Dr. Cortney Warren, clinical psychologist and author of the book, Lies We Tell Ourselves: The Psychology of Self-Deception, notes the importance of taking responsibility for who you are. Observe yourself. When you catch yourself acting in ways that are inconsistent with your emotions or thoughts, stop and think about your reactions. Choose to be honest with yourself so that you can be honest with others.

Break Free!

When it’s time to choose honesty, it may seem that you simply can’t bring yourself to say the words. But you can—with a bit of planning. 

  • Resolve to do it.  Once you understand the importance of freeing yourself from dishonesty, decide to do it and don’t look back. 
  • Plan a specific time to do it.  Choose an appropriate time and place. Don’t try to explain your new career path, for example, when your dad is late for a meeting. Wait until he’s relaxed and in a good mood.
  • Write out what you want to say.  You could deliver your message in a letter or email, if that’s the only way you can express yourself clearly. However, many people prefer face-to-face communication when you’re admitting dishonesty. Otherwise, they might perceive you as lacking courage. One option is to write your message, deliver it in person, and stay in the room while the person reads it.
  • Practice.  Stand in front of the mirror and say the words aloud. Or pretend the person is sitting in front of you.  If you have a friend you can trust, practice telling the truth to him or her.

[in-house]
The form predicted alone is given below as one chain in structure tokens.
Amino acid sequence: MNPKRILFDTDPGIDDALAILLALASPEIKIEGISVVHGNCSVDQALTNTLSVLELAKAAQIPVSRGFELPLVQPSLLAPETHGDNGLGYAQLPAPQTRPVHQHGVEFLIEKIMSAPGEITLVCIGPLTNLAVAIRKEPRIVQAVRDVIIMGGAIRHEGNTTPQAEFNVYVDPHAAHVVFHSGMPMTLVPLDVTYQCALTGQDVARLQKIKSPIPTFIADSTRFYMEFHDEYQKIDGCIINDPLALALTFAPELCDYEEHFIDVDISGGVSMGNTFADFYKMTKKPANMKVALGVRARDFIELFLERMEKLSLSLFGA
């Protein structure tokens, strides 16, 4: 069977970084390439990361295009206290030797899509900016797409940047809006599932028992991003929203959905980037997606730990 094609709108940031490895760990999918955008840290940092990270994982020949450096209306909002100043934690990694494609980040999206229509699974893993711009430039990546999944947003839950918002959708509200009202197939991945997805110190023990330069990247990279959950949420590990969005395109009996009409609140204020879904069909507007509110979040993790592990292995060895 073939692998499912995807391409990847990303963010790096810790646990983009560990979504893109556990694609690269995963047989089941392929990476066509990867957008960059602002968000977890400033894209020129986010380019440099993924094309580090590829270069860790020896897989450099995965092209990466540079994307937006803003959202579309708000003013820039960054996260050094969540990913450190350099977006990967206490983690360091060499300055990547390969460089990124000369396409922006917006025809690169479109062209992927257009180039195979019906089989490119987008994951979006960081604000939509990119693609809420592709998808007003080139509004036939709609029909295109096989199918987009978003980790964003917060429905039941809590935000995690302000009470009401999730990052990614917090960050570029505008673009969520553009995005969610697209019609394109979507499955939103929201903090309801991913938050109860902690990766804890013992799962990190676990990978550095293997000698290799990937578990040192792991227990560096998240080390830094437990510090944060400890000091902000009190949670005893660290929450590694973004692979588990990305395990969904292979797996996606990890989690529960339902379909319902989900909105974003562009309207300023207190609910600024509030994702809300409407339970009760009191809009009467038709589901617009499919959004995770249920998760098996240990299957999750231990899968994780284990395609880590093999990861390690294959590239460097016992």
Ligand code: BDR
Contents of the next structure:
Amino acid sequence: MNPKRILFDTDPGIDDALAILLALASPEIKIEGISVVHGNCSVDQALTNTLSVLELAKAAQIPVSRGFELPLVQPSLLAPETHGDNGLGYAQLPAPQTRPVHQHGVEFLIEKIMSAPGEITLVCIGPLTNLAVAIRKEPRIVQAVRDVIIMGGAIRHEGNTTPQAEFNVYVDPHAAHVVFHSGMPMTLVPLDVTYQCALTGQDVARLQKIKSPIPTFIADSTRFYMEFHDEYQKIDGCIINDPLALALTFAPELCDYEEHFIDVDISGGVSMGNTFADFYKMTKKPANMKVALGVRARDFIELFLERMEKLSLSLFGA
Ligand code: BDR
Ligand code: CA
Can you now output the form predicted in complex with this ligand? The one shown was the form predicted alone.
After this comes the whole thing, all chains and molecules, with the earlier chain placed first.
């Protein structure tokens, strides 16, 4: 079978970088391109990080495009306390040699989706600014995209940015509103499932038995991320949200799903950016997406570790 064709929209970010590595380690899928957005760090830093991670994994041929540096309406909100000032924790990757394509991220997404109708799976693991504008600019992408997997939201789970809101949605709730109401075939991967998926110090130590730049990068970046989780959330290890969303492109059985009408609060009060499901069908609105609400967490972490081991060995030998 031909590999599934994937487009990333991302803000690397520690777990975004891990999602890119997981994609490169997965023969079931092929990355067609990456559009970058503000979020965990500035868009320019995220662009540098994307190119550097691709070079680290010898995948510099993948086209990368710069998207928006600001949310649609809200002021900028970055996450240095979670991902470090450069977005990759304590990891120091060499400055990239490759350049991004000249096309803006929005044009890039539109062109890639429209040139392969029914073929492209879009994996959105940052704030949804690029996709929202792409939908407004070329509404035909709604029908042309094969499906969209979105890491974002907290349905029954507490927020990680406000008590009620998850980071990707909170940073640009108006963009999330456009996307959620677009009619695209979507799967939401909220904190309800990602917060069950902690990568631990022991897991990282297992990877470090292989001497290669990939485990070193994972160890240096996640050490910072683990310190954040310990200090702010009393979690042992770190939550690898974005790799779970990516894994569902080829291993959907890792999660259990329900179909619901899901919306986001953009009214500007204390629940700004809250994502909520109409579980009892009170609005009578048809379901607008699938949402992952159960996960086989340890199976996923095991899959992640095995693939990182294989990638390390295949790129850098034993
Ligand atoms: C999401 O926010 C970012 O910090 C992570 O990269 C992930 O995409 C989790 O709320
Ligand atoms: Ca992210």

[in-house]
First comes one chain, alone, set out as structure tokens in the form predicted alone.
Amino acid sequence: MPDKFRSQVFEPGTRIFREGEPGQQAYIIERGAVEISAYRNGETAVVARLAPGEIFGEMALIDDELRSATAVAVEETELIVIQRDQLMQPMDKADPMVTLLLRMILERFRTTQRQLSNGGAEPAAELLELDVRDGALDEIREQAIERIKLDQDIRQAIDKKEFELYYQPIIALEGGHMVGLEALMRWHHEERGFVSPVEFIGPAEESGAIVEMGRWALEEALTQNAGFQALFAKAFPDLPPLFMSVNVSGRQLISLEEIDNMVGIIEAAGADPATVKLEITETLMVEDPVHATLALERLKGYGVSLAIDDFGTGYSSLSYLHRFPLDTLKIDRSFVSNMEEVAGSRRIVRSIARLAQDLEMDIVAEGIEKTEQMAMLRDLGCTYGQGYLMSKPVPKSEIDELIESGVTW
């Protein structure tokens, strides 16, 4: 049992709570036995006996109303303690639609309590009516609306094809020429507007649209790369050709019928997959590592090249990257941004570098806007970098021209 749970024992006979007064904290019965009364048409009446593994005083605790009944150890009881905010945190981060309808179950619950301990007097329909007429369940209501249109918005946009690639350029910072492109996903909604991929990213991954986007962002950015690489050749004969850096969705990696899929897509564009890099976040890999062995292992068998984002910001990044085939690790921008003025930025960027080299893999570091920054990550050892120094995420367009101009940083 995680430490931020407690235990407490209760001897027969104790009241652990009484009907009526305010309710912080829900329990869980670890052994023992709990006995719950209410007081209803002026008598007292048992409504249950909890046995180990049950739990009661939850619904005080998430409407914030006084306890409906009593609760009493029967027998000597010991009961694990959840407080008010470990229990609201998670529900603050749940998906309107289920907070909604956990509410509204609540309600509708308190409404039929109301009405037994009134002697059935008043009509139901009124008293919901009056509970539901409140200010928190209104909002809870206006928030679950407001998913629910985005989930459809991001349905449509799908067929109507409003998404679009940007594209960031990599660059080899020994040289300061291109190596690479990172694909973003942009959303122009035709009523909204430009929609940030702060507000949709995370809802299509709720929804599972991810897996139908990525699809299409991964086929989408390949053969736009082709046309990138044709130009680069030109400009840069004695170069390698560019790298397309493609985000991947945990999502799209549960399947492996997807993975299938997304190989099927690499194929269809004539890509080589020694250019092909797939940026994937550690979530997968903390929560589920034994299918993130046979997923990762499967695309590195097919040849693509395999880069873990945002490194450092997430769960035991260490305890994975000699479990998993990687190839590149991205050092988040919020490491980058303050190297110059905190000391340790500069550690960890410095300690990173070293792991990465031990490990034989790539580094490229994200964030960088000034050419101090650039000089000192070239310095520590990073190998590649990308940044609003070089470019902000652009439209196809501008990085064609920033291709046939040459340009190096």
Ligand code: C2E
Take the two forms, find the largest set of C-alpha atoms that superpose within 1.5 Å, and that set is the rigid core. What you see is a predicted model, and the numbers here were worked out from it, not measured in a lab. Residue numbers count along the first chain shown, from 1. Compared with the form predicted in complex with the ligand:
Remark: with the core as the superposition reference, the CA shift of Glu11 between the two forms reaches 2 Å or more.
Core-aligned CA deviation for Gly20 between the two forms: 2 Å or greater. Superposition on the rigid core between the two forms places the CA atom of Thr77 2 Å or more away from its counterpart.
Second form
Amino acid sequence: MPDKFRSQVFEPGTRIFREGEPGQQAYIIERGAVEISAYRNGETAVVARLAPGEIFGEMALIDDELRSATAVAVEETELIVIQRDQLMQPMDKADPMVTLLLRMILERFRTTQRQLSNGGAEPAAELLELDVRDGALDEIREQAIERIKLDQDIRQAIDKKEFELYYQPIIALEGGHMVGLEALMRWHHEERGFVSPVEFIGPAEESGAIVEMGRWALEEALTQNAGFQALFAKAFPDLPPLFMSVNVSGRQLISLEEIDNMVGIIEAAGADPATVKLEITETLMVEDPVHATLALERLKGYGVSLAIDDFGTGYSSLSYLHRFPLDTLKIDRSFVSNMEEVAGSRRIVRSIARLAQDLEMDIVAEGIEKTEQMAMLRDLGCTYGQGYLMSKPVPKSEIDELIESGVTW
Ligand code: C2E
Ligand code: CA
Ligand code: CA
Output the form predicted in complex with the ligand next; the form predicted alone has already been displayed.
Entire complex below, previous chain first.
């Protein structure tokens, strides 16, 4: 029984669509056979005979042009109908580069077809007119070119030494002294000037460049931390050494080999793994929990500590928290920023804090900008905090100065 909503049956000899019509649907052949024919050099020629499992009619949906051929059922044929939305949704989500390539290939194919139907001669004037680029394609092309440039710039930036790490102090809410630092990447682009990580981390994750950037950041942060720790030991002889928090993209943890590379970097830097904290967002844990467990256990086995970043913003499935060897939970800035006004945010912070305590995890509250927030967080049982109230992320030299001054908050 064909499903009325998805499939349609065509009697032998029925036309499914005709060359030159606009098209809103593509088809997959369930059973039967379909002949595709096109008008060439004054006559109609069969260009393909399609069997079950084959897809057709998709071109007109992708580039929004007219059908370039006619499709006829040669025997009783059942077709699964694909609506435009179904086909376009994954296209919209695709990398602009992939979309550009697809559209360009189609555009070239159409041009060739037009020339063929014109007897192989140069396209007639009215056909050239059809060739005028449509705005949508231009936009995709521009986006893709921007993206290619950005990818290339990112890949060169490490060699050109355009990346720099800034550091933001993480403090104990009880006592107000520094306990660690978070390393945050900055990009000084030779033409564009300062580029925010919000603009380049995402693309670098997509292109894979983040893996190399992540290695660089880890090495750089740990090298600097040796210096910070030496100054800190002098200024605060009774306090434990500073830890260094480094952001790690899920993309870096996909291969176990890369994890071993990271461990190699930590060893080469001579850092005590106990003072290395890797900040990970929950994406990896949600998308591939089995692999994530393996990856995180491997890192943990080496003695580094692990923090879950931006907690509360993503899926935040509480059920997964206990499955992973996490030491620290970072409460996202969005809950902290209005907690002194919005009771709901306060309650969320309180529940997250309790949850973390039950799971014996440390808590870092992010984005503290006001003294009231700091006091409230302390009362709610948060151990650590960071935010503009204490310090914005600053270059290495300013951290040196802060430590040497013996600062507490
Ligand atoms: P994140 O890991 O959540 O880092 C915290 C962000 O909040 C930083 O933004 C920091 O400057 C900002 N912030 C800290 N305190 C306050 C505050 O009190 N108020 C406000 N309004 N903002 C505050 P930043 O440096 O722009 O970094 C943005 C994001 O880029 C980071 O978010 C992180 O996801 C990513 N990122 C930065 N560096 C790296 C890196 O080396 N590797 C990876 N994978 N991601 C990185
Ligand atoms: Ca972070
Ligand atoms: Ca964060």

• Make sure you’re calm before beginning your conversation. The more prior thought and practice you devote to this, the more confidence you will have and the calmer you will be. Remember, what you are doing is a good thing…for everyone involved
  • Apologize for your dishonesty.  Preface what you have to say with a statement such as, “I am so sorry that I haven’t been honest with you.You deserve to know the truth.”

You can free yourself from the web. And it’s best to get out as soon as you can, before you get yourself even more tangled up. You might receive punishment for your initial transgression, or some of your relationships might change when others know the truth. But what a relief it will be! 

“The truth will set you free.”
The Bible (John 8:32)

Written by Beth Prassel-Sieg

- OTHER PARTS IN THIS SERIES –

Part 1:
The Beginner's Test: Are You an Honest Person?
Truth or Dare: Version 1.0

Part 2:
The Advanced Test: Are You an Honest Person?
Truth or Dare: Pro Edition

Part 3:
Game Over: Why You'll Never Win with Lying
Truth or Dare: The Case for Honesty

“There is no twilight zone of honesty. A thing is either right or it’s wrong.” John F. Dodge